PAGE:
Go public with alleged ethical lapses and jail could be your next stop

Sen. Linda Lopez, D-Albuquerque, has filed her own version of a bill that would create a state ethics commission. And as with similar legislation she filed in 2016, the legislation  contains provisions that would enable officials to punish anyone who talks publicly about a confidential complaint filed with the proposed panel with up to $35,000 in fines and a year behind bars, or both. You can find the language in Section 16 of SB 218 on page 23:
A. Disclosure of any confidential complaint, report, file, record or communication in violation of the State Ethics Commission Act is a misdemeanor and shall be punished by a fine of not more than ten thousand dollars ($10,000) or by imprisonment for not more than one year or both. B. In addition to a penalty imposed pursuant to Subsection A of this section, a court may impose a civil penalty not to exceed twenty-five thousand dollars ($25,000) for each violation of Section 12 of the State Ethics Commission Act. The language appears close to if not exactly the same as language in a bill Lopez filed in 2016 that would have created a state ethics commission.

Competing ethics proposals raise questions of secrecy and oversight

Last week marked the start of the 12th installment of a long-running debate among New Mexico state lawmakers. In previous years the discussion could be summed up in two questions: Should the Legislature create an independent ethics commission; and, if so, what form should it take? The perennial answer to the first question was “no ethics commission this year,” rendering moot the second as to the shape and form it would take. This year, unlike in previous sessions, however, state lawmakers will be able to debate both questions at once. With positive votes from the House State Government, Indian & Veterans’ Affairs committee on Jan.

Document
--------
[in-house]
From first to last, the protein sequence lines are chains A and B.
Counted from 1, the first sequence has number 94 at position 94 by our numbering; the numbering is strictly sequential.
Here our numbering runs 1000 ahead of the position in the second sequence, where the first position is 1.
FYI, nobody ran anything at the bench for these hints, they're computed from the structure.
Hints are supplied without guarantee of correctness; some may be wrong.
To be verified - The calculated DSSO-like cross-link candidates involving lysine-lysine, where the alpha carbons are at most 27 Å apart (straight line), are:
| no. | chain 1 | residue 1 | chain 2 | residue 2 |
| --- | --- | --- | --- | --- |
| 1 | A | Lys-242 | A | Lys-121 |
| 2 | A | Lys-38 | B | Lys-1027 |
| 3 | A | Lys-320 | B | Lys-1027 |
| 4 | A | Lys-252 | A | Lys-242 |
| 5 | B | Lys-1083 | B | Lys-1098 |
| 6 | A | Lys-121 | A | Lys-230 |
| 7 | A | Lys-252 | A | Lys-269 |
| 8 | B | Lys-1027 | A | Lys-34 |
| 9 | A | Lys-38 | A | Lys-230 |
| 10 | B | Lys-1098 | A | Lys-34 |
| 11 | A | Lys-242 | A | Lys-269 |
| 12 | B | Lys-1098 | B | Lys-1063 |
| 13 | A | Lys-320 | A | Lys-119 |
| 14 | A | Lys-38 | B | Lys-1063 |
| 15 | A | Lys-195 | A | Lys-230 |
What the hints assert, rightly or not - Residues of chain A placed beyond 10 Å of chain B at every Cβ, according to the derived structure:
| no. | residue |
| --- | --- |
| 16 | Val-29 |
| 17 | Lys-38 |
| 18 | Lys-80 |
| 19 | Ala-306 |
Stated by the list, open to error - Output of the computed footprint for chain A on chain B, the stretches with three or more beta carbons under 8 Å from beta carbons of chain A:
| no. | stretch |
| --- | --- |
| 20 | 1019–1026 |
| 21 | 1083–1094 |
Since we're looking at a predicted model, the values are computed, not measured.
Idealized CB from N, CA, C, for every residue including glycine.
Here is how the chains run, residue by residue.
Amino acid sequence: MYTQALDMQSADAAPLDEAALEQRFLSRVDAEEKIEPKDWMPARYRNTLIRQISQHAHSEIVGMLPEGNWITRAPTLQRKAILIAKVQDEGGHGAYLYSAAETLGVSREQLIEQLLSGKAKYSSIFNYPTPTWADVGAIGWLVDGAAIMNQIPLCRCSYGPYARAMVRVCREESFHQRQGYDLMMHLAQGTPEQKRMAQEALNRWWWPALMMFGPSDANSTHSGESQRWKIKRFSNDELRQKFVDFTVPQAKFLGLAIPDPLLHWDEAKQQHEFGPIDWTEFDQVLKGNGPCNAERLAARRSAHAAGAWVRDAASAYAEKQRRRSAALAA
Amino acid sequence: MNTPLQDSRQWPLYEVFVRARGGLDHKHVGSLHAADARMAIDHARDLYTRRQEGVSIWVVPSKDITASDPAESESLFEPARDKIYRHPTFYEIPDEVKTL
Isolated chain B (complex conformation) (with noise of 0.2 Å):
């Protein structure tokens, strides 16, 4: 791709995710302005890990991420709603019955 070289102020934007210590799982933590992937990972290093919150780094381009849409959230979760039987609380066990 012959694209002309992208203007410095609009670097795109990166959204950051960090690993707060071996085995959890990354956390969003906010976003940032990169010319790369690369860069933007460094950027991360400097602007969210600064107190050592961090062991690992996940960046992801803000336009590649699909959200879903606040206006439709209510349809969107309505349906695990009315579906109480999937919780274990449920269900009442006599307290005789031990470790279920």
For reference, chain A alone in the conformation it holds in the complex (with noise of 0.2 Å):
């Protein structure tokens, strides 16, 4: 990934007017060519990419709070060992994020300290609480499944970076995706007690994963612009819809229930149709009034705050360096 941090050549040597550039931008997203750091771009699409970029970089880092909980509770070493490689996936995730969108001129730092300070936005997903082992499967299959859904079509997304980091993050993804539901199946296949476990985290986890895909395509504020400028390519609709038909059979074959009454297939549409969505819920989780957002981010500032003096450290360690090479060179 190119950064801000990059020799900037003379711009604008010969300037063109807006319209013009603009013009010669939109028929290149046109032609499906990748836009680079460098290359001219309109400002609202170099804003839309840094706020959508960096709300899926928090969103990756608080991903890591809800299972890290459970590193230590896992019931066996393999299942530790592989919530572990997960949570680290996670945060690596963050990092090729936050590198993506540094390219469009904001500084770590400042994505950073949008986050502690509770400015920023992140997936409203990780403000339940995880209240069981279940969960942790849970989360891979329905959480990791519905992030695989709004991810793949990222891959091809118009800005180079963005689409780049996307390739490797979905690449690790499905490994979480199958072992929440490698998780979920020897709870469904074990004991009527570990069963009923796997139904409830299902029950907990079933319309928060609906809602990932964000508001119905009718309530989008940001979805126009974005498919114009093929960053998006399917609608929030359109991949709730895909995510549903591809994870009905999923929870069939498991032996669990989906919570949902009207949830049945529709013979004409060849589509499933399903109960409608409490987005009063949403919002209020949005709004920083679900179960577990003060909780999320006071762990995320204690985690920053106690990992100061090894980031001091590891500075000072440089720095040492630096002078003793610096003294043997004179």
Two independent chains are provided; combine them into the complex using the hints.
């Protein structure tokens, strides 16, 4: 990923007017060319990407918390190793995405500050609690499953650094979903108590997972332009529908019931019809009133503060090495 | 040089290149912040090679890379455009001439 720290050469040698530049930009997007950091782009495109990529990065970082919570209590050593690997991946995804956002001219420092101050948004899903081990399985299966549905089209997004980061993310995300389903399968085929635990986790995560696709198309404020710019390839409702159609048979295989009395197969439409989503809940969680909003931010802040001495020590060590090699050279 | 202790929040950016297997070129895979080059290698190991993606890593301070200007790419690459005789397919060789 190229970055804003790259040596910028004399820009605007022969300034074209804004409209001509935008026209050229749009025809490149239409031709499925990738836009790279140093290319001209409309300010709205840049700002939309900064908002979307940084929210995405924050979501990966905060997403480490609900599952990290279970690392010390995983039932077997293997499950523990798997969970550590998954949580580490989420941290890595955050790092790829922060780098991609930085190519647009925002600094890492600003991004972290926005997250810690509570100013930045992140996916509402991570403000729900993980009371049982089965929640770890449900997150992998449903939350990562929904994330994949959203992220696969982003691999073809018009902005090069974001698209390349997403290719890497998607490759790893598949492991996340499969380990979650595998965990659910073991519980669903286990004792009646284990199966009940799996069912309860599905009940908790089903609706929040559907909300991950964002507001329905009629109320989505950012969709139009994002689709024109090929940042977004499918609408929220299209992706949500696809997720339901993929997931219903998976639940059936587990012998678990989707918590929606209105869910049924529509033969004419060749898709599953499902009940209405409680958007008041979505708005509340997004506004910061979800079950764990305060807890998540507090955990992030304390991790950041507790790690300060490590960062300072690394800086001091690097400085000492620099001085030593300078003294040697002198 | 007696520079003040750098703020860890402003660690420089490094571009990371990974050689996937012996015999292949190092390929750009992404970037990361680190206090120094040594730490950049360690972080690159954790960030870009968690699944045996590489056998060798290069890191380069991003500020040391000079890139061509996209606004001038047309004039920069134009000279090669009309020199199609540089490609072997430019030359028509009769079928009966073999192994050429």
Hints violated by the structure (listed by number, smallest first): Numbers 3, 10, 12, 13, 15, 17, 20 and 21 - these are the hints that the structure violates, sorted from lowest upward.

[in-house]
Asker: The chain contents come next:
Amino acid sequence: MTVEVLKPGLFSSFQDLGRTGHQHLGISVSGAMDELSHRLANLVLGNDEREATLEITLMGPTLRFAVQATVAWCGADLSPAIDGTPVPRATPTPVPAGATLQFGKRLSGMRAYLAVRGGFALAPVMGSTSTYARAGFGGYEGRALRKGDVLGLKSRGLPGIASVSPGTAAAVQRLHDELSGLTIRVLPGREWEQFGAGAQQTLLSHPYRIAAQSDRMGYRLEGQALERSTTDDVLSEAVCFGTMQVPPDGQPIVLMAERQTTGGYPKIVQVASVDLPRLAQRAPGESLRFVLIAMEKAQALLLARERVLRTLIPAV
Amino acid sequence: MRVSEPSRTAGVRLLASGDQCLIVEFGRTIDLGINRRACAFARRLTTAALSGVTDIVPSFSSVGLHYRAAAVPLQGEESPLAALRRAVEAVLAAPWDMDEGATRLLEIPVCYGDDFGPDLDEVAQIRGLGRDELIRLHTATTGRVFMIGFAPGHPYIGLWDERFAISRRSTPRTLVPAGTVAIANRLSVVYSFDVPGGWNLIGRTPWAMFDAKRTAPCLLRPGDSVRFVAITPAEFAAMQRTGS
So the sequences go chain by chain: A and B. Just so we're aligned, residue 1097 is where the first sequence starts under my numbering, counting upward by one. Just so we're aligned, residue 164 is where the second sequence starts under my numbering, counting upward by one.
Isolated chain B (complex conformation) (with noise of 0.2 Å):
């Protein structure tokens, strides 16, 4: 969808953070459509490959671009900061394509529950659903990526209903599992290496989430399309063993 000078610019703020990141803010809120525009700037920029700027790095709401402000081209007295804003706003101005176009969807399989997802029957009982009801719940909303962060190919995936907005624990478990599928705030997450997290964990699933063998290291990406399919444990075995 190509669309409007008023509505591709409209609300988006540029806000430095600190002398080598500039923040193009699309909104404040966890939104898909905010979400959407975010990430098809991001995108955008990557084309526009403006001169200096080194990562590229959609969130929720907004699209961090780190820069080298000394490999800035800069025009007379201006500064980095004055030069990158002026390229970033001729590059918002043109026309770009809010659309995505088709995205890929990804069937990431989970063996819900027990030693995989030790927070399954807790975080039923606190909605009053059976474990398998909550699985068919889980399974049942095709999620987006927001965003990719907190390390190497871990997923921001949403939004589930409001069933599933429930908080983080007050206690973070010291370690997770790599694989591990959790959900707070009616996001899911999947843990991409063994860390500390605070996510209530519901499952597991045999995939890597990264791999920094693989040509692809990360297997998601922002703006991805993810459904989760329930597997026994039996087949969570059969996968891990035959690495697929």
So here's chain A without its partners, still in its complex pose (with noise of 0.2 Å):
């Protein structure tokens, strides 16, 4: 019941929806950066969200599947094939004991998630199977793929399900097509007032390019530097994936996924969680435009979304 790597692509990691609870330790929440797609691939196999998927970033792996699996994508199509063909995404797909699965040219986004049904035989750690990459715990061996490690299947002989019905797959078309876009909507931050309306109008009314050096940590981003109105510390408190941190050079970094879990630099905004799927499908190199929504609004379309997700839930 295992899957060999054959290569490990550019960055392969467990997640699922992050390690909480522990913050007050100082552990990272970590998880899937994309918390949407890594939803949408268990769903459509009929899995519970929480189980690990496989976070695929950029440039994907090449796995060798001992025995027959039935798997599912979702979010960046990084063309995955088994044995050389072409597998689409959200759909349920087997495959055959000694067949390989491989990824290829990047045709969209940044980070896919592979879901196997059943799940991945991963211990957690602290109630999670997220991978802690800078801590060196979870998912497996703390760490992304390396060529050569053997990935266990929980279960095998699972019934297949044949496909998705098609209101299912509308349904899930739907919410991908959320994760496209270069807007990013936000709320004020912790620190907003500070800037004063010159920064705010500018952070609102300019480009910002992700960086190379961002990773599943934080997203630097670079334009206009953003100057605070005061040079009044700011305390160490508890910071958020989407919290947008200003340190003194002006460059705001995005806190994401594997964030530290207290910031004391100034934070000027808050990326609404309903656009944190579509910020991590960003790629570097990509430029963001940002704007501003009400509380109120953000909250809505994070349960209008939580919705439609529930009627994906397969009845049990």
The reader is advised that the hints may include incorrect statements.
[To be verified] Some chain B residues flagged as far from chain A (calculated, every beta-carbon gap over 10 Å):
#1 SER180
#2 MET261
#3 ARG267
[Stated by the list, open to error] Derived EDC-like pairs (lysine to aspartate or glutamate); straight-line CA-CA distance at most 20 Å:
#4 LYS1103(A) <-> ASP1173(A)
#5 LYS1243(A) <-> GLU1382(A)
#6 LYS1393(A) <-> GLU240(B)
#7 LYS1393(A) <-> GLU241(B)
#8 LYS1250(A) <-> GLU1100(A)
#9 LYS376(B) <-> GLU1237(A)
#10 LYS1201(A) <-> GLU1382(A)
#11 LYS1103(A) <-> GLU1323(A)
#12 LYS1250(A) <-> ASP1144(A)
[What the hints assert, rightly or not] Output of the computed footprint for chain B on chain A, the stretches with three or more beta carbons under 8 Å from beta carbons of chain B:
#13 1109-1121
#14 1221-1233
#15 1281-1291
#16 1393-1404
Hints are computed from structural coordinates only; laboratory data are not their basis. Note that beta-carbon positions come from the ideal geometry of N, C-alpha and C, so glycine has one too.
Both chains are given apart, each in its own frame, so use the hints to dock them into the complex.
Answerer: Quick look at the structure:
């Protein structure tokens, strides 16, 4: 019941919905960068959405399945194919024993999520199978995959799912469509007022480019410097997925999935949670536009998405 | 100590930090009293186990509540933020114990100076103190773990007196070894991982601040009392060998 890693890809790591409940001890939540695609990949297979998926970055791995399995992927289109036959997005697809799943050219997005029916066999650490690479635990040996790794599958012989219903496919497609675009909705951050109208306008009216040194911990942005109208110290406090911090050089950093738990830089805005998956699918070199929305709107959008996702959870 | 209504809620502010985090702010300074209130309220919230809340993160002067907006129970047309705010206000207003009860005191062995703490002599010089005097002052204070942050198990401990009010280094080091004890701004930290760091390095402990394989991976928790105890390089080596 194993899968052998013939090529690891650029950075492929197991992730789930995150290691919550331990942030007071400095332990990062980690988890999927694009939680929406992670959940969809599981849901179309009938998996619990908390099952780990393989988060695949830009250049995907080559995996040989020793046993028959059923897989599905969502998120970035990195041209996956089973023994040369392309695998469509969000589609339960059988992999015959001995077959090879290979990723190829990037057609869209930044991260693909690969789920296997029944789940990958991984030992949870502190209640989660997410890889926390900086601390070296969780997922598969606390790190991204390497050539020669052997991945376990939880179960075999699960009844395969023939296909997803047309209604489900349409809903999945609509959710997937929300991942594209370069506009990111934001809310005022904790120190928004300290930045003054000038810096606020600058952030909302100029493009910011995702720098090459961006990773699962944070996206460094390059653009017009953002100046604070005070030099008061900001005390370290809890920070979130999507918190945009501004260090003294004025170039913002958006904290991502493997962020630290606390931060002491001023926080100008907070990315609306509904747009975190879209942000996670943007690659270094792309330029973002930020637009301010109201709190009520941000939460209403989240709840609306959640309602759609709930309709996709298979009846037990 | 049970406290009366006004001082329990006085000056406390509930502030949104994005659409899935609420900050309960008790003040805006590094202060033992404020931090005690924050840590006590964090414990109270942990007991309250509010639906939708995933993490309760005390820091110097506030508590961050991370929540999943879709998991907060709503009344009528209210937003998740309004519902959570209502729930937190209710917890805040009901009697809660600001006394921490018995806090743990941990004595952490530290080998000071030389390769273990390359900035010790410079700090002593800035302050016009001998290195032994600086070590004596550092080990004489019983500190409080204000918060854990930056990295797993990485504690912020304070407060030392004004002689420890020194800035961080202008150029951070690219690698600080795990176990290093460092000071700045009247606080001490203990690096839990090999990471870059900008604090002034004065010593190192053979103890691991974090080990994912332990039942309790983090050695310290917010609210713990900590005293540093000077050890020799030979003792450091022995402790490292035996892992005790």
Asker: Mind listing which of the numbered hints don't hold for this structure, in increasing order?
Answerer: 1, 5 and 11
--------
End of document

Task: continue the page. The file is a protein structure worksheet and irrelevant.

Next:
State will weigh cost, benefits of recreational cannabis legalization

With a budget crisis confronting the New Mexico Legislature, some legislators plan to float a controversial idea gaining momentum across the nation: Legalize the adult use of recreational marijuana, or cannabis. Adult recreational use is now allowed in eight states plus the District of Columbia, and more than 25 already authorize it for medicinal purposes. And in 2016, after three years of being bogged down in Senate committees, an effort to legalize recreational use in New Mexico made it to the Senate floor for a vote. Last year’s Senate Joint Resolution 5, sponsored by Democratic Sen. Gerald Ortiz y Pino of Albuquerque, asked voters to amend the state’s constitution to allow possession and personal use of cannabis by people 21 years or older. It would also have regulated production and sale of cannabis, and allowed collection of a tax on the sale of the drug.

Will independent ethics oversight catch on in 2017?

New Mexico’s lawmakers over the last decade have balked at creating an independent ethics commission even as a parade of elected and appointed public officials stood accused of corruption and, in some cases, were convicted of crimes. Viki Harrison, executive director of Common Cause New Mexico and a perennial supporter of ethics legislation, reached back to 1990s American cinema for an analogy: Groundhog Day, a 1990s comedy classic in which the main character is forced to repeat the same day over and over again. “We are freakin’ Bill Murray,” Harrison said. Harrison hopes 2017 will break the cycle, however, and on the surface the odds in Santa Fe appear favorable. New Mexico’s lawmakers convene for the 2017 60-day legislative session with two supporters of the ethics legislation — Sen. Peter Wirth and Rep. Brian Egolf – in powerful leadership posts.

DAs seek statewide policy on police shootings